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Released: 2005, Independent
Reviewer: Lord of the Wasteland
Hailing from the Adriatic city of Split, Croatia, Stimulans brings an admittedly unoriginal but still effective blend of mid-paced traditional/power metal with flecks of hard rock thrown in for good measure on their four-song demo, NO WORDS. This is dark stuff, not unlike Fates Warning, but carries with it an infectious melody lifted from 70s hard rock bands that propels the overly-long songs along nicely. Mario Culjak’s vocals possess a Chris Cornell-like mid-range that is easy on the ears but when he hits some higher notes, things go wrong fast. The self-produced NO WORDS is rough around the edges but is also scads better than some of the rubbish sent my way by up-and-coming bands (for every one band that is good, I have to suffer through five who have no business stepping within ten feet of a musical instrument). Stimulans’ sound is timeless, in that, the style of music they play will never go out of fashion and its stripped-down approach is devoid of any trends that may date it. For that reason alone, I must tip my hat but also make note that there are literally thousands of bands in North America—and probably around the globe—toiling in bars and clubs peddling a very similar sound, so Stimulans definitely needs to add some more flair to rise above the pack.
The darkly catchy chorus of “Sacrifice” follows a slow, galloping rhythm that would settle in nicely with a harder-edged Foreigner track. Culjak’s soaring vocal channels that of Chris Cornell (Audioslave, ex-Soundgarden) and the subdued solo of Darko Grubisic and rhythms of Culjak really drive the song. “Dust The Road” is a speedier number with Djole’s drums really standing out. “Train” boasts the most solid riffs, coming off like a Rainbow-influenced guitarfest and Culjak’s almost soulful croon really makes this song the keeper of the bunch. The riff found on the title track is one of the most soothing and interesting on the CD and Grubisic’s solo and use of pinch harmonics once again steals the spotlight. Culjak attempts a falsetto scream at 4:50 that is painful to hear and he really goes far beyond his capable range.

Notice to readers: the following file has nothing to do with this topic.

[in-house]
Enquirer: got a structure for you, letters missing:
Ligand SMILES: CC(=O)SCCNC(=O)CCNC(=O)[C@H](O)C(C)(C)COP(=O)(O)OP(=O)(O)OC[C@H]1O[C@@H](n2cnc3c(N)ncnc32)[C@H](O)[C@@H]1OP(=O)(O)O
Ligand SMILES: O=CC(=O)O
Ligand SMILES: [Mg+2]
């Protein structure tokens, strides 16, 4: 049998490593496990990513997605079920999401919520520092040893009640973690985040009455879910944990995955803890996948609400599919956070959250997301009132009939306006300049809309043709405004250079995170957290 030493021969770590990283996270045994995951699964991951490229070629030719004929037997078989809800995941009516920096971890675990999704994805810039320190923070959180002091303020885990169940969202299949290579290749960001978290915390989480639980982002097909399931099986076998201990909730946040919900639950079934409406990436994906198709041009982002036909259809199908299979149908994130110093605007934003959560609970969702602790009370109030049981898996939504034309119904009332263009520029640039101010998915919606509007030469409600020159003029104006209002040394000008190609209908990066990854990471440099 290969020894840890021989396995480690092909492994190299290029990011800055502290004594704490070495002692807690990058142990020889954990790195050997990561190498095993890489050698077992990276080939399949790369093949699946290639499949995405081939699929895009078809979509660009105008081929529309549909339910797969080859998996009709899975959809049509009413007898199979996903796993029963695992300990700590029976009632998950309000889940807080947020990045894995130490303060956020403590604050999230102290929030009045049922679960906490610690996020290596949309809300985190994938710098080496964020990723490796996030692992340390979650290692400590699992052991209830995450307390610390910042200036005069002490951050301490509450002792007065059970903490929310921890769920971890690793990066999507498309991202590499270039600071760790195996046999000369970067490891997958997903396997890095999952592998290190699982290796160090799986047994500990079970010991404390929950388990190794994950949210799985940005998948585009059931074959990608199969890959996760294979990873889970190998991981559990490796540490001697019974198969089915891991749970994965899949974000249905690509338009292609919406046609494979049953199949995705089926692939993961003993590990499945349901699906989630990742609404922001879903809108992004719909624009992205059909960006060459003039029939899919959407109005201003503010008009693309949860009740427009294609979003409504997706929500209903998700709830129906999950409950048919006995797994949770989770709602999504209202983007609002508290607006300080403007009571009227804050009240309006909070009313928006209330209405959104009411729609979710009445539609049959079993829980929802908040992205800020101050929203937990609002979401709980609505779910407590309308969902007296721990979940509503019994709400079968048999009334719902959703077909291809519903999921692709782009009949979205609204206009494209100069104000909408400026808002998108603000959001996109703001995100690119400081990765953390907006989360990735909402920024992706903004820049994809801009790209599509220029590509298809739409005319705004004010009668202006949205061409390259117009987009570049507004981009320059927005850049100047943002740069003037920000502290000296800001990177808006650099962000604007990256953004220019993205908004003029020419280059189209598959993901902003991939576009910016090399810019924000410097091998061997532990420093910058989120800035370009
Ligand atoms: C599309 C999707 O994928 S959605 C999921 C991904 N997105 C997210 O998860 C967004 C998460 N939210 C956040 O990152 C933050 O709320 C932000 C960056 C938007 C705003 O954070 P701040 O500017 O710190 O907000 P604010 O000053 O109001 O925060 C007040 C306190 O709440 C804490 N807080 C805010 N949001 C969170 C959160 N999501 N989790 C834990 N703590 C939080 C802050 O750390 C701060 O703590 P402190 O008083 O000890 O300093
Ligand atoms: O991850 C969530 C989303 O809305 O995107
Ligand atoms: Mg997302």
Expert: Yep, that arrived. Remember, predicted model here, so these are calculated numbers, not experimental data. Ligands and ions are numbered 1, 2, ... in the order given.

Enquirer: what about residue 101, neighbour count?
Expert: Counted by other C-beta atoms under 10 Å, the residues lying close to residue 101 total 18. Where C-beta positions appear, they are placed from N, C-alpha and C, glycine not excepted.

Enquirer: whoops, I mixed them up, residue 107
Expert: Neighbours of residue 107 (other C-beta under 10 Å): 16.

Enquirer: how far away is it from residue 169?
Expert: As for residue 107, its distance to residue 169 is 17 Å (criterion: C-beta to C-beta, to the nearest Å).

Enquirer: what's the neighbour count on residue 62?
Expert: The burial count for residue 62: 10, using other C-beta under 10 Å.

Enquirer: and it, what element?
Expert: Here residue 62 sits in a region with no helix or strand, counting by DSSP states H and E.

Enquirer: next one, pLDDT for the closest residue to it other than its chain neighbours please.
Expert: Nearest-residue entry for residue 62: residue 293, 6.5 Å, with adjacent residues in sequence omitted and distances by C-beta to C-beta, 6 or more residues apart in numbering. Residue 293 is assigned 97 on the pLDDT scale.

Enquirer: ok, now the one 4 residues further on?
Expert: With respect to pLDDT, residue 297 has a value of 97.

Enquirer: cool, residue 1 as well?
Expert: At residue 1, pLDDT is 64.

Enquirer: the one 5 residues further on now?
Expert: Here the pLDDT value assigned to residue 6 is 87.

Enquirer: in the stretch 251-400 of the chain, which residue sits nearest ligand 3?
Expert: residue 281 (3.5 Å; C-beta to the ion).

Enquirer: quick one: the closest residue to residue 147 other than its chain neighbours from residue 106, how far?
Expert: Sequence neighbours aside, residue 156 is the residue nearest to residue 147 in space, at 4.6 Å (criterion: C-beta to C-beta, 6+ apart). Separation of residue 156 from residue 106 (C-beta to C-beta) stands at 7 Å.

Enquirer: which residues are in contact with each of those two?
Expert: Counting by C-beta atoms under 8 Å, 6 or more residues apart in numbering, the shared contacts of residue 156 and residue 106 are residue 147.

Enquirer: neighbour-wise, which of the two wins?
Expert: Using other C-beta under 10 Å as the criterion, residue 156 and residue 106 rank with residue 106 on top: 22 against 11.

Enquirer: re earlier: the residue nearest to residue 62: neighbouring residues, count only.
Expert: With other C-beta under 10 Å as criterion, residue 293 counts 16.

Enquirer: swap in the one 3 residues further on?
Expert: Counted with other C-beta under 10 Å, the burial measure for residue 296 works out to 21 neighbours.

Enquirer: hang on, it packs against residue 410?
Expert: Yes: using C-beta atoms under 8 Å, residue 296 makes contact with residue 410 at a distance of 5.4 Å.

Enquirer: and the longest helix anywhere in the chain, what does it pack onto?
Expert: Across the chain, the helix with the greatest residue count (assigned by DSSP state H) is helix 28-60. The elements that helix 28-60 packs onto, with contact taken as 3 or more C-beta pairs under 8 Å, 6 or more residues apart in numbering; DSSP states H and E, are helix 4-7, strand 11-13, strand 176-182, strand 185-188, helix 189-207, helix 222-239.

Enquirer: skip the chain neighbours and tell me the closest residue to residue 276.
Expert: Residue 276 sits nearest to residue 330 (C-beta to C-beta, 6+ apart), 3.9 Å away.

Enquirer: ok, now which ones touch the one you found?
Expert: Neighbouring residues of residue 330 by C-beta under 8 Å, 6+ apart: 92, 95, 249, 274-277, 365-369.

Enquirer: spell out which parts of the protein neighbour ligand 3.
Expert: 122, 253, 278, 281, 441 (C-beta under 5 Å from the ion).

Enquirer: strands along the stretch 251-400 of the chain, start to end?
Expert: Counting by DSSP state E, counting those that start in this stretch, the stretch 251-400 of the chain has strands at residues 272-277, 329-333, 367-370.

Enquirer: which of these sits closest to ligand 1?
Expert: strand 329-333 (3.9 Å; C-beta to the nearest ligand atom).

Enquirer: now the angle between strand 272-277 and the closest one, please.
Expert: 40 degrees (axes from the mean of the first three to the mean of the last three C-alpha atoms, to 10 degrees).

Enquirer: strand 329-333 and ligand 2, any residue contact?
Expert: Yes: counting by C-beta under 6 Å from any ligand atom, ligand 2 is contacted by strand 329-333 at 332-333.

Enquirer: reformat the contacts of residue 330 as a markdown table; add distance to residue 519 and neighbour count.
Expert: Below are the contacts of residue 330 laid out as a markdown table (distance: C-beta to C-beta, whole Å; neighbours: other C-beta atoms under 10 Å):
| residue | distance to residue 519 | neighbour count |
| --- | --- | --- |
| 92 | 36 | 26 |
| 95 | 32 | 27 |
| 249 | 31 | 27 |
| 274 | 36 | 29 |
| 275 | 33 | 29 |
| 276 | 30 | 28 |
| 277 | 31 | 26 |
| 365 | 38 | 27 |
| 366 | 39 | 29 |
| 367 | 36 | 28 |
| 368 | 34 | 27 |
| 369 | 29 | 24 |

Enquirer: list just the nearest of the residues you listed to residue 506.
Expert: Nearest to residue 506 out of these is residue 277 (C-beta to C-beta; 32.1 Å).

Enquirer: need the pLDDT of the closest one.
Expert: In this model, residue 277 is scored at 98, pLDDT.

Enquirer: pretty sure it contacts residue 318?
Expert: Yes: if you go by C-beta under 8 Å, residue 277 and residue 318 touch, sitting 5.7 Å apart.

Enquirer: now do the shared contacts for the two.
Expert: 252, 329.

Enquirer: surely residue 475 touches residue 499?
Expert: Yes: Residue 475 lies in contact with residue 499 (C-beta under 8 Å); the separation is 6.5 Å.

What Stimulans needs to do is shorten their songs. With an average length of six minutes, just about every song could be trimmed of some fat without sacrificing anything. The band doesn’t meander into prog wankery so there is no reason for a straight-forward metal track to pass the six minute mark, let alone seven minutes! Still, Stimulans has some potential and they have captured the essence of their sound well here. With a bit of guidance and some careful fine-tuning to their songwriting, this band could be one to watch.
KILLER KUTS: “Dust the Road,” “Train”
2. Dust The Road
4. No Words
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